Lyttelton Harbour

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Lyttelton Harbour
Lyttelton Harbour gives access to the port at Lyttelton.
Map of Lyttelton Harbour LytteltonHarbourNZ-map.png
Map of Lyttelton Harbour

Lyttelton Harbour / Whakaraupō is one of two major inlets in Banks Peninsula, on the coast of Canterbury, New Zealand; the other is Akaroa Harbour on the southern coast.

Banks Peninsula peninsula in New Zealand

Banks Peninsula is a peninsula of volcanic origin on the east coast of the South Island of New Zealand. It has an area of approximately 1,150 square kilometres (440 sq mi) and encompasses two large harbours and many smaller bays and coves. The South Island's largest city, Christchurch, is immediately north of the peninsula.

Canterbury, New Zealand Region of New Zealand in South Island

Canterbury is a region of New Zealand, located in the central-eastern South Island. The region covers an area of 44,508 square kilometres (17,185 sq mi), and is home to a population of 624,000.

Akaroa Harbour harbor in New Zealand

Akaroa Harbour is part of Banks Peninsula in the Canterbury Region of New Zealand.


It enters from the northern coast of the peninsula, heading in a predominantly westerly direction.

Approximately 15 kilometres (9.3 mi) in length from its mouth to Teddington, the harbour sits in the erosion caldera of the ancient Lyttelton Volcano, [1] the steep sides of which form the Port Hills on its northern shore. [2]

A caldera is a large cauldron-like hollow that forms shortly after the emptying of a magma chamber/reservoir in a volcanic eruption. When large volumes of magma are erupted over a short time, structural support for the rock above the magma chamber is lost. The ground surface then collapses downward into the emptied or partially emptied magma chamber, leaving a massive depression at the surface. Although sometimes described as a crater, the feature is actually a type of sinkhole, as it is formed through subsidence and collapse rather than an explosion or impact. Only seven caldera-forming collapses are known to have occurred since 1900, most recently at Bárðarbunga volcano, Iceland in 2014.

Port Hills mountain range

The Port Hills are a range of hills in Canterbury, New Zealand, so named because they lie between the city of Christchurch and its port at Lyttelton. They are an eroded remnant of the Lyttelton volcano, which erupted millions of years ago.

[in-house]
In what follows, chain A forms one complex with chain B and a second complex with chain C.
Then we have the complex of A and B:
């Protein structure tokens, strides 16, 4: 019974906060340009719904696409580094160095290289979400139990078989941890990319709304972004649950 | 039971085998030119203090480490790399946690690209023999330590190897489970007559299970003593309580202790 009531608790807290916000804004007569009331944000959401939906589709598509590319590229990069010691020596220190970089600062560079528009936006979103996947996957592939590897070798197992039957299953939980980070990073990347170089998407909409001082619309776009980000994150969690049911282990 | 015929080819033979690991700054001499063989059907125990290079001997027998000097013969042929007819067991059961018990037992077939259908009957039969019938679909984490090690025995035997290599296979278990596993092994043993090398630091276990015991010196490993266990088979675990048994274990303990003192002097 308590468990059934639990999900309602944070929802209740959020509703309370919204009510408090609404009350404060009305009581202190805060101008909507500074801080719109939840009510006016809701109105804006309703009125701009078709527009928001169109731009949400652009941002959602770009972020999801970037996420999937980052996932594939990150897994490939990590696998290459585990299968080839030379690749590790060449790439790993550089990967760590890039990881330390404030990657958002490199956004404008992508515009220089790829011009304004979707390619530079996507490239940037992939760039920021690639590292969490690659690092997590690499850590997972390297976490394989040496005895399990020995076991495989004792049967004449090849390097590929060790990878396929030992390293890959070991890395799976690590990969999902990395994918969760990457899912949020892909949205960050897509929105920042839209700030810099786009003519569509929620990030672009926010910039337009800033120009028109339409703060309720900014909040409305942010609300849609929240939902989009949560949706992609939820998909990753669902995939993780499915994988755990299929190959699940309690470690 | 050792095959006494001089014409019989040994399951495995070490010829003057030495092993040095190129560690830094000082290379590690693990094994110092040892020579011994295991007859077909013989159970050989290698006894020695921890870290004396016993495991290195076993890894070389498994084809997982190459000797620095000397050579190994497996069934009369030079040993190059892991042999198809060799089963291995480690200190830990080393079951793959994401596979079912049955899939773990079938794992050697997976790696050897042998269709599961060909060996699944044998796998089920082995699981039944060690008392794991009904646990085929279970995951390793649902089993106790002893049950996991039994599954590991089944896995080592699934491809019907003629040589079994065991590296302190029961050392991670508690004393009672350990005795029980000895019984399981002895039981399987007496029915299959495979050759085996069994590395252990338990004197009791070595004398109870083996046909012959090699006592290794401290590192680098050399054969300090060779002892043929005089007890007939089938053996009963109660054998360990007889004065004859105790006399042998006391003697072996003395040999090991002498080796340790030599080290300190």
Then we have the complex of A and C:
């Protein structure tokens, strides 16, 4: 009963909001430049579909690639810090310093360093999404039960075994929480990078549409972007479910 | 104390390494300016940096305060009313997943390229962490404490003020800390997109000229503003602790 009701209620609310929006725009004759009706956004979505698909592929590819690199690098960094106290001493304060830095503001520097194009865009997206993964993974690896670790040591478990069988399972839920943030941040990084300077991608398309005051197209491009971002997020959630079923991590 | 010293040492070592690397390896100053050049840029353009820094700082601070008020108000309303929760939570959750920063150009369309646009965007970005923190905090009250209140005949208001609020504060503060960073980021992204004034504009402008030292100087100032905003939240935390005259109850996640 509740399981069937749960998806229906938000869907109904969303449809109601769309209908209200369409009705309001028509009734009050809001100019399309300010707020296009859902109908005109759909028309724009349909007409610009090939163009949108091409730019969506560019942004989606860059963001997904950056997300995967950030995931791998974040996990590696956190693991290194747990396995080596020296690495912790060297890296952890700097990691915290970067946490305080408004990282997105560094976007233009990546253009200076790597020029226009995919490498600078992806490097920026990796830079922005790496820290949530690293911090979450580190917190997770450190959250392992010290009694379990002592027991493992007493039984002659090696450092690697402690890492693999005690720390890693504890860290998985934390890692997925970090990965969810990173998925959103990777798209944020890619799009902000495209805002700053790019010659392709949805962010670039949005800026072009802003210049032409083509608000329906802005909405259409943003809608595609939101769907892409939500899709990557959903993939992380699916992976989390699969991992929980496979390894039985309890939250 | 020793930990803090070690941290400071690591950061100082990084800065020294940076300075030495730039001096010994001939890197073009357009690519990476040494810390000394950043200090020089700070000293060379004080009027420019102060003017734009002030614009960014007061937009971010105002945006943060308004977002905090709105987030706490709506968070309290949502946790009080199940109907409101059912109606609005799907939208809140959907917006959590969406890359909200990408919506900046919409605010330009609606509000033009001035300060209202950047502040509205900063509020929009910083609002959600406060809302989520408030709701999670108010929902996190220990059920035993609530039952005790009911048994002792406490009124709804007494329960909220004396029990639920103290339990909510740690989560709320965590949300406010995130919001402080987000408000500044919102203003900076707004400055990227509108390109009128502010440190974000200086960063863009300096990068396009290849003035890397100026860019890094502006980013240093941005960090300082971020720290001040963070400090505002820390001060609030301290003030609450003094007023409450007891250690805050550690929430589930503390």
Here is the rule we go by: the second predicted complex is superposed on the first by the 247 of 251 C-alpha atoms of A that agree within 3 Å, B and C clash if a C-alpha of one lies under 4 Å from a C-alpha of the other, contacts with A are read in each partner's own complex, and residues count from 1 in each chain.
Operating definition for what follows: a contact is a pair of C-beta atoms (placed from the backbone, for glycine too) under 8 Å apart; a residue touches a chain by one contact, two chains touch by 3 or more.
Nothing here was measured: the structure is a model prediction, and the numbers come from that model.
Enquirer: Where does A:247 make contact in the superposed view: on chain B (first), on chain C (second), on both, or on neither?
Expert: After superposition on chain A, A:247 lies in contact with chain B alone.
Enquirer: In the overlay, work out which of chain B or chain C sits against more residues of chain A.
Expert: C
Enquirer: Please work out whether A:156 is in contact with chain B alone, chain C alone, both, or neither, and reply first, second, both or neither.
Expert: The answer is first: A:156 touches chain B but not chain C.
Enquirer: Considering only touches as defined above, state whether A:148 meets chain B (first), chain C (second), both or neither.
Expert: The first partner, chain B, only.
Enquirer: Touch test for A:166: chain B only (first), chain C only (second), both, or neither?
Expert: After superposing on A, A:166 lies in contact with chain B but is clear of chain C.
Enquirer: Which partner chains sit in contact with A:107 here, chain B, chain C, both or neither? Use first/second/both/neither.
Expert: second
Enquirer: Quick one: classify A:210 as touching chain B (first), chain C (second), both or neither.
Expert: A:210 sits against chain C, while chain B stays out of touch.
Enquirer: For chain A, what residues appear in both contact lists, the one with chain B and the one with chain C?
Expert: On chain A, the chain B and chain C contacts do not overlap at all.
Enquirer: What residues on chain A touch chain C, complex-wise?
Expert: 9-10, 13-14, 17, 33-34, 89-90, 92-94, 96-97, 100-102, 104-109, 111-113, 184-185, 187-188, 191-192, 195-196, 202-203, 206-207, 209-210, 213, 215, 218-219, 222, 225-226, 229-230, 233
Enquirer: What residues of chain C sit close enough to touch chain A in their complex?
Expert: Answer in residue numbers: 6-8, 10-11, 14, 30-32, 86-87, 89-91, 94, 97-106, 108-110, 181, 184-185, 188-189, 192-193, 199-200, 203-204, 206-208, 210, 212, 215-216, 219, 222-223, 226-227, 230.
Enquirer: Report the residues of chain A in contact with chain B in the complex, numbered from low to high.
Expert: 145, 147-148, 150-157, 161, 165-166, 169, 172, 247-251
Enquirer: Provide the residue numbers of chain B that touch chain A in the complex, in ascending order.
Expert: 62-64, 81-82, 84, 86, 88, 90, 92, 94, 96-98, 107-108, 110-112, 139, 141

The harbour's main population centre is Lyttelton, which serves the city of Christchurch, linked with Christchurch by the single-track Lyttelton rail tunnel (opened 1867), a two lane road tunnel (opened 1964) and two roads over the Port Hills. Diamond Harbour lies to the south and the Māori village of Rāpaki to the west. At the head of the harbour is the settlement of Governors Bay. The reserve of Quail Island is near the harbour head and Ripapa Island is just off its south shore at the entrance to Purau Bay.

Lyttelton, New Zealand Place

Lyttelton is a port town on the north shore of Lyttelton Harbour, at the northwestern end of Banks Peninsula and close to Christchurch, on the eastern coast of the South Island of New Zealand.

Christchurch City in South Island, New Zealand

Christchurch is the largest city in the South Island of New Zealand and the seat of the Canterbury Region. The Christchurch urban area lies on the South Island's east coast, just north of Banks Peninsula. It is home to 404,500 residents, making it New Zealand's third-most populous city behind Auckland and Wellington. The Avon River flows through the centre of the city, with an urban park located along its banks.

Diamond Harbour, New Zealand settlement on Banks Peninsula, New Zealand

Diamond Harbour is a small settlement on Banks Peninsula, in Canterbury, New Zealand. It is on the peninsula's northern coast, on the southern shores of Lyttelton Harbour, and is administratively part of the city of Christchurch.

The harbour provides access to a busy commercial port at Lyttelton which today includes a petroleum storage facility and a modern container and cargo terminal. [3]